How to Trade Non-Farm Payrolls on Good Friday

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Daily FX Market Roundup 04.02.15

Dollar – How to Trade Non-Farm Payrolls on Good Friday

Euro Jumps on Pre-NFP Position Adjustments

GBP: How to Trade the UK Election

AUD Hits 5.5 Lows on Rate Cut Bets

CAD Rallies as Trade Deficit Narrows

NZD Lifted by Higher Commodity Prices

Dollar – How to Trade Non-Farm Payrolls on Good Friday

Many people are warning that this month’s non-farm payrolls report could cause an unusually volatile reaction in the financial markets because Friday is a global holiday and many trading centers are also closed on Monday. Forex is the only market open but liquidity will be thin because many traders are off celebrating Easter, Passover or enjoying the long weekend holiday. However that does not mean that EUR/USD and USD/JPY will have an abnormal reaction.

In the past 15 years, there has only been 3 times that non-farm payrolls was released on Good Friday, and each of those 3 times, the reaction in these 2 currencies was just as you would expect. In 2012, only 120k jobs were created versus 205k expected. USD/JPY fell as much as 120 pips and the EUR/USD rose approximately 60 pips. In 2010, only 162k jobs were created versus expectations for 184k rise, but the dollar still traded higher versus the yen and euro because it was the largest increase in 3 years. In 2007 an improvement in the unemployment rate and stronger payrolls drove the dollar up 70 pips versus the yen and euro. For USD/JPY the move was consistent with very little retracement by the end of the North American trading session. The EUR/USD on the other hand experienced its usual V-shaped reaction shortly after the release. In each case, all of the price action happened in the first 90 minutes post NFPs with quiet consolidation in the hours that followed. There was also zero follow through on Monday, with EUR/USD and USD/JPY trading in very tight ranges in all 3 years. So the best way to trade NFPs is to either catch the initial reaction, take a view beforehand or wait until the markets reopen on Tuesday.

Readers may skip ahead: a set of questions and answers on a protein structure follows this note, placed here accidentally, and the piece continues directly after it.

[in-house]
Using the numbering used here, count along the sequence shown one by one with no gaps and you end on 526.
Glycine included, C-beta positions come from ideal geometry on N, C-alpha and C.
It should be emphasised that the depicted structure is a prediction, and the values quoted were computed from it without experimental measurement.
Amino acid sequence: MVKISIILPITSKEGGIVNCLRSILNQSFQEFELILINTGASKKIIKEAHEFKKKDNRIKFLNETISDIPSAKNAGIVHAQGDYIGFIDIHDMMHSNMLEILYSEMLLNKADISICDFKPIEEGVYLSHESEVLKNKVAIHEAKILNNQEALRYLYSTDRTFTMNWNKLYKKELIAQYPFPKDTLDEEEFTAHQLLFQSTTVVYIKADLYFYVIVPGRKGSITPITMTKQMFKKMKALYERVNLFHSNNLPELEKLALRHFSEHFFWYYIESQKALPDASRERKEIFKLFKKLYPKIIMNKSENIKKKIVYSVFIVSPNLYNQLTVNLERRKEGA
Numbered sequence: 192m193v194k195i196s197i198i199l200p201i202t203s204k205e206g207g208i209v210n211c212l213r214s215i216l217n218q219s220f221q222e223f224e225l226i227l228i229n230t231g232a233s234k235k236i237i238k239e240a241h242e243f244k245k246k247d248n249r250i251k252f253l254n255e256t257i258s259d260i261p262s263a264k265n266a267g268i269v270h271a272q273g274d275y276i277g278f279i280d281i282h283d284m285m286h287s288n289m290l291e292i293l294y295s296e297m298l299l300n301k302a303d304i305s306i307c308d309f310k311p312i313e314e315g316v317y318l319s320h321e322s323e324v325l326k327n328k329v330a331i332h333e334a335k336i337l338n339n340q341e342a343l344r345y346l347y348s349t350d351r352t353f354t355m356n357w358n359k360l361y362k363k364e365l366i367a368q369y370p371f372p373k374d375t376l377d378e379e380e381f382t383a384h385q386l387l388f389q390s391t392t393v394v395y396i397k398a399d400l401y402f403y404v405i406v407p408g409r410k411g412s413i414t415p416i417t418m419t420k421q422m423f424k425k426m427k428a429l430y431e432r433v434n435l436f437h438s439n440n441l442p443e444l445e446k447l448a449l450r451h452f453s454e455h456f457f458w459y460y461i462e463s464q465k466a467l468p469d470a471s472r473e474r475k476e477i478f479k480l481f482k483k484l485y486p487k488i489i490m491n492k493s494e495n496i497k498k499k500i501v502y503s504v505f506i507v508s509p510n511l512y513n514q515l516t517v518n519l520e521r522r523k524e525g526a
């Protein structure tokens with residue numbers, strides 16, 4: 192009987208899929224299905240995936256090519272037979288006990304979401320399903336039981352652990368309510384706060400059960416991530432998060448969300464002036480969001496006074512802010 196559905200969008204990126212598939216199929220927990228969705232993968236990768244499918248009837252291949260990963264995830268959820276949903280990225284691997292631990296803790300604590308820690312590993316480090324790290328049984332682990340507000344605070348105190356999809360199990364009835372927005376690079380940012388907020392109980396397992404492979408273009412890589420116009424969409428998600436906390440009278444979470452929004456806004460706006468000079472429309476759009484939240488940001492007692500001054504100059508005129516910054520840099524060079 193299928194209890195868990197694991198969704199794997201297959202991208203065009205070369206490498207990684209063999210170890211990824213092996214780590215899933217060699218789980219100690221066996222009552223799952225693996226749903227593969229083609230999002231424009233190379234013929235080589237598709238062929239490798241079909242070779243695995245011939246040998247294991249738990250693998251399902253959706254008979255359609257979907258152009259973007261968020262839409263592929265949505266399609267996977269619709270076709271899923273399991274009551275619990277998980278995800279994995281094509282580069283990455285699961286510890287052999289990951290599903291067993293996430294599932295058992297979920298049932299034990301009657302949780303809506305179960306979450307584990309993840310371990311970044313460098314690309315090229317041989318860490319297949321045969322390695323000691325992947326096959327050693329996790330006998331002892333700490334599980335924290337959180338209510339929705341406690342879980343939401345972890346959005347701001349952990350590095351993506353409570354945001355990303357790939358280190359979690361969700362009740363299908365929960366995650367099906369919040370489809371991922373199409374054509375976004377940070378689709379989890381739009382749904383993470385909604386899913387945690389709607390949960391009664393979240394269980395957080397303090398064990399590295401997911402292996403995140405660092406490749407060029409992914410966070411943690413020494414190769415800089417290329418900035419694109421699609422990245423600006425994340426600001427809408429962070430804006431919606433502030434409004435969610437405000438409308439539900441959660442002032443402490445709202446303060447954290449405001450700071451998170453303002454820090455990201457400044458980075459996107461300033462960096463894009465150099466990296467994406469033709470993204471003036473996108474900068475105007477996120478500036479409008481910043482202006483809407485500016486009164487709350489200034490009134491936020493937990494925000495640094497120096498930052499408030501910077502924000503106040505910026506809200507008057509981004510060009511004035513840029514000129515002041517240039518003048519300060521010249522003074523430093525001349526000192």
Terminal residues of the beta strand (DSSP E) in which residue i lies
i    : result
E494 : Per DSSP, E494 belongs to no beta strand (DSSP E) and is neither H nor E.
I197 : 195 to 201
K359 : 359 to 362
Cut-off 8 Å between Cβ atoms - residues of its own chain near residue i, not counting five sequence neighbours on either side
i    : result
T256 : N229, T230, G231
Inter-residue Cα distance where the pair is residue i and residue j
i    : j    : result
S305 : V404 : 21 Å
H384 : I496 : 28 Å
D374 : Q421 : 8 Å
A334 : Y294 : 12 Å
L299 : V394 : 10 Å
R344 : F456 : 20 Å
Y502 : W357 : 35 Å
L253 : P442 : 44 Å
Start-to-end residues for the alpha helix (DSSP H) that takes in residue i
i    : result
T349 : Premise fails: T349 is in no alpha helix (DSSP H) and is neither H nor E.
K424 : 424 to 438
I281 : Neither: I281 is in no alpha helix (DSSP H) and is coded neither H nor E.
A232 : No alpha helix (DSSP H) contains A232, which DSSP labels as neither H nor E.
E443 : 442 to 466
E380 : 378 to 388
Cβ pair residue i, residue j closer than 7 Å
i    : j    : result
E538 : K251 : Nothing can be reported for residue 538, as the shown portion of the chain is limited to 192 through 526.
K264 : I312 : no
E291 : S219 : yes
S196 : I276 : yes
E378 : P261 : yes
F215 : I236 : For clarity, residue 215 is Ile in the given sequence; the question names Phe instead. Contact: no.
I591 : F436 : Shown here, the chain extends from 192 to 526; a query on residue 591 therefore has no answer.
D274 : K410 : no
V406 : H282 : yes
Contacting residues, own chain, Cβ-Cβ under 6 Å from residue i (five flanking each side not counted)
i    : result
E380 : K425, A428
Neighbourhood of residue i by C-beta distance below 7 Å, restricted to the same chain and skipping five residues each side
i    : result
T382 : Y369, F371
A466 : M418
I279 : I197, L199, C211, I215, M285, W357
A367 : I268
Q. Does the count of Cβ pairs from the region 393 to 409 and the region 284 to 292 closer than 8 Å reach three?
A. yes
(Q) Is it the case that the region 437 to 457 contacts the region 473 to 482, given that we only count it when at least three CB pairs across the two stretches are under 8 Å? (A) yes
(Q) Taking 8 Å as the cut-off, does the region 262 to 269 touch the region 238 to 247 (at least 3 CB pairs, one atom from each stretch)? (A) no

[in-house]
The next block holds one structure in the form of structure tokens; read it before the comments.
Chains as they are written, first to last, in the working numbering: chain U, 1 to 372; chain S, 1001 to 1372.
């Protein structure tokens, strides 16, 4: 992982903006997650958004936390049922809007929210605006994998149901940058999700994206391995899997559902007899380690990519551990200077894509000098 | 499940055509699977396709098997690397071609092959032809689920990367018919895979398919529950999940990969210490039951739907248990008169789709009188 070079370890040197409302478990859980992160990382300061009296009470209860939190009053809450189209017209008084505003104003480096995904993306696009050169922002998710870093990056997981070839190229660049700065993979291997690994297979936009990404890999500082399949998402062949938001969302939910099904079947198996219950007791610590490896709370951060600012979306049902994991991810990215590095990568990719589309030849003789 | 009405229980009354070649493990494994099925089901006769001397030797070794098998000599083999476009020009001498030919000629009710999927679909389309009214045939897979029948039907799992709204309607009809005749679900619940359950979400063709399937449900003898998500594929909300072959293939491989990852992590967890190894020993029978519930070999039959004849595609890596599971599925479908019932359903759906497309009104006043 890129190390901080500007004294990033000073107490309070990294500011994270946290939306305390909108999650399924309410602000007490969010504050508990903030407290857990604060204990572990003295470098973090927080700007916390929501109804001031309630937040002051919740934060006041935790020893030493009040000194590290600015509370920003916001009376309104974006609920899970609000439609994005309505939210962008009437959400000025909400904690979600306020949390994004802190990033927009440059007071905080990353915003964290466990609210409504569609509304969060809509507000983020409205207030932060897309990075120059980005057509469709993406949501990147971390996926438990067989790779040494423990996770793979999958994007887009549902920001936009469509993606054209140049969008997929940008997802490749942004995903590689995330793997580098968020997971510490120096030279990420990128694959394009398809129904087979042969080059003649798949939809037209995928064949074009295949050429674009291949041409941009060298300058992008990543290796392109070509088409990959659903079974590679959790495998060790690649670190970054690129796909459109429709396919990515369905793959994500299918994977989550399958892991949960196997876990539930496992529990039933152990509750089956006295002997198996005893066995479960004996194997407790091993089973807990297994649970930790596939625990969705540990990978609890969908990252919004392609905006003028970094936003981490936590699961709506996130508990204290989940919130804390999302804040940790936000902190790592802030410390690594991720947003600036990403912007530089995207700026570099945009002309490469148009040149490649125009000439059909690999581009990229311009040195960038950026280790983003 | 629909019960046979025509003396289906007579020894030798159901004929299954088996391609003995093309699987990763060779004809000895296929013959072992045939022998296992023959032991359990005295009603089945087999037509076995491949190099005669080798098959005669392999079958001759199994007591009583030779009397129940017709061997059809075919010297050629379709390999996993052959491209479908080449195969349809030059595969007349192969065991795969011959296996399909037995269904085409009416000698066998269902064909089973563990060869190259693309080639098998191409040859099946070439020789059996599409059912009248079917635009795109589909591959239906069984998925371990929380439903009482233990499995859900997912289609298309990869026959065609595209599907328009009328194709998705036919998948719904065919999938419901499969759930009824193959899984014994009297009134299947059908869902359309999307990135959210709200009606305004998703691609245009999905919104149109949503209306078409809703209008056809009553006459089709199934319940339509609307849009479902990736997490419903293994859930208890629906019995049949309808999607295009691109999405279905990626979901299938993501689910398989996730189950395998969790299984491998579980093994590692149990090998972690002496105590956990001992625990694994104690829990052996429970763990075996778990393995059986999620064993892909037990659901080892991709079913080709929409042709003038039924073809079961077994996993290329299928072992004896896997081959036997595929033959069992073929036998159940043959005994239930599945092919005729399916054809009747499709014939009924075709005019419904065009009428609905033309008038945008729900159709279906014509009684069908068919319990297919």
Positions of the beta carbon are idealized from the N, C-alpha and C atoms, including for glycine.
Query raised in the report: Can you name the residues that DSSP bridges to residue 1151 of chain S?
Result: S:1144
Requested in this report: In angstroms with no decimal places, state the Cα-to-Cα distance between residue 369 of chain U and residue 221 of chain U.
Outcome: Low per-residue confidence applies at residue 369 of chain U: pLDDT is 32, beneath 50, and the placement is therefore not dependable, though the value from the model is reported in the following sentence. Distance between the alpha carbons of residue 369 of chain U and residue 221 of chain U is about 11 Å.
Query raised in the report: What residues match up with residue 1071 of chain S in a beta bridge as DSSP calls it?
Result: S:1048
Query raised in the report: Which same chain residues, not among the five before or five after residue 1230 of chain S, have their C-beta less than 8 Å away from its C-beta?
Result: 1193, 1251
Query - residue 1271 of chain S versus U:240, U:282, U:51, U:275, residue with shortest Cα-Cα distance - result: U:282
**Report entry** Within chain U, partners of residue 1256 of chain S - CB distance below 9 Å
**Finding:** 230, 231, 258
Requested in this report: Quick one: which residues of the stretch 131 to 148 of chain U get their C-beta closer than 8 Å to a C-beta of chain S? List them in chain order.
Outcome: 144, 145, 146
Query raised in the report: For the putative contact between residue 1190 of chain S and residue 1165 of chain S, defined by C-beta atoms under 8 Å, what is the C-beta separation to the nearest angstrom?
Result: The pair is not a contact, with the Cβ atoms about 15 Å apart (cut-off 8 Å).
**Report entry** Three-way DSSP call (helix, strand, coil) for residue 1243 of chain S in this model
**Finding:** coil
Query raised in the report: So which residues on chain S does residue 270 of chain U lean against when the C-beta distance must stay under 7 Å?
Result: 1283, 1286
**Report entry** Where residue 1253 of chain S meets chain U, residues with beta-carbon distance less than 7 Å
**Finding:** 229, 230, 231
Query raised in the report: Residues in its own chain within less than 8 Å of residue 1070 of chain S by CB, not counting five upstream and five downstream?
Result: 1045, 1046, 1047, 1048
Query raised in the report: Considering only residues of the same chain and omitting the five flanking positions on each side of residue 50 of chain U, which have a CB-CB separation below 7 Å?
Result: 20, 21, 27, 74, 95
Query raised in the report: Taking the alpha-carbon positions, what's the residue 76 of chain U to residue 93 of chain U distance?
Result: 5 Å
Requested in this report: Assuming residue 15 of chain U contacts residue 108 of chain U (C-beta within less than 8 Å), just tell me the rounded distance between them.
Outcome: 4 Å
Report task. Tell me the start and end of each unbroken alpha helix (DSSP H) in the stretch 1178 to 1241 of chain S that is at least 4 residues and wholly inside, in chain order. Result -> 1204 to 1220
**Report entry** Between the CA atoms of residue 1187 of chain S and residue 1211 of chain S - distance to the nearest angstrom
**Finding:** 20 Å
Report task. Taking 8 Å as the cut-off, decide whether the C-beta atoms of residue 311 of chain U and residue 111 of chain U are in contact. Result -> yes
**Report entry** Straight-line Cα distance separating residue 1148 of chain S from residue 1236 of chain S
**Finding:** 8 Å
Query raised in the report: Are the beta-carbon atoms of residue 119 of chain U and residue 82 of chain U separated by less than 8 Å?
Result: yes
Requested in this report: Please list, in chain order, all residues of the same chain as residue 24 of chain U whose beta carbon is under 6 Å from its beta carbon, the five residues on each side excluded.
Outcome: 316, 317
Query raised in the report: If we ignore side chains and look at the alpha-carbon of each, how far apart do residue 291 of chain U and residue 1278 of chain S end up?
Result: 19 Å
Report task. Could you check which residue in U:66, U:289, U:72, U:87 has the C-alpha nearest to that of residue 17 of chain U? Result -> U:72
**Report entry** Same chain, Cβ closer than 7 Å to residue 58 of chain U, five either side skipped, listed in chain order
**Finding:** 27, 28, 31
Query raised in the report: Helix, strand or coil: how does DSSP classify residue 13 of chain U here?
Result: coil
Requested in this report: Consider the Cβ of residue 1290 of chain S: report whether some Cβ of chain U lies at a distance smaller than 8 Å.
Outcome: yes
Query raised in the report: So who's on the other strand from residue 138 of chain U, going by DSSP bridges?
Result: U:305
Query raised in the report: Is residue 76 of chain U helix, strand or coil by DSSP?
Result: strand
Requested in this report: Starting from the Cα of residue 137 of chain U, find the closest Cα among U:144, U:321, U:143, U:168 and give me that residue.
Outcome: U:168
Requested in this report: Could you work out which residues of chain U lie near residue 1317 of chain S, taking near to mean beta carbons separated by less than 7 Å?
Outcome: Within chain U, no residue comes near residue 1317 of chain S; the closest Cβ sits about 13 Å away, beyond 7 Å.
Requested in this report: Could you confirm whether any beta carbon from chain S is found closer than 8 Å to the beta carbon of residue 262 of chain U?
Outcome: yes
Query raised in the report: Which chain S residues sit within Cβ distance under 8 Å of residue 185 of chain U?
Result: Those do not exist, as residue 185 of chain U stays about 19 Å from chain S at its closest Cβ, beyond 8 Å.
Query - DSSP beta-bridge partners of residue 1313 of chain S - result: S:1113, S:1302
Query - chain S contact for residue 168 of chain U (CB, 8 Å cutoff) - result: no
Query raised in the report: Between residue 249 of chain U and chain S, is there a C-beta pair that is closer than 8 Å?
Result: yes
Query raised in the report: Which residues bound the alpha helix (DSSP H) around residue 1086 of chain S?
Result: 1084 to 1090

This month’s non-farm payrolls report is especially important because the dollar has pulled back and investors are divided on when the Fed will raise rates. If the labor market report is strong, it will harden the case for a summer rate hike and revive the rally in the U.S. dollar. However if job growth falls short of expectations, the dollar could extend it slide against most of the major currencies. We believe that the labor market continued to improve in the month March but after a strong February report, slower job growth is likely. We also don’t have the luxury of seeing how job growth in the service sector fared this month as the ISM non-manufacturing is not scheduled for release until next week. Nonetheless the decline in the ADP employment change and drop in the employment component of manufacturing ISM points to weakness in the labor market whereas the improvement in jobless claims and continuing claims signal strength. What is also interesting is that in 3 out of the last 3 years, March non-farm payrolls fell short of expectations. Taking everything into consideration, we believe that payrolls will fall short of the market’s 245k forecast. Yet the dollar will also be influenced by changes in the unemployment rate and average hourly earnings. So if earnings rise or the unemployment rate improves, it could limit the losses in the dollar if the absolute amount of job growth falls short of expectations. Here’s a quick look at the arguments for weaker and stronger payrolls:

Arguments for Weaker Payrolls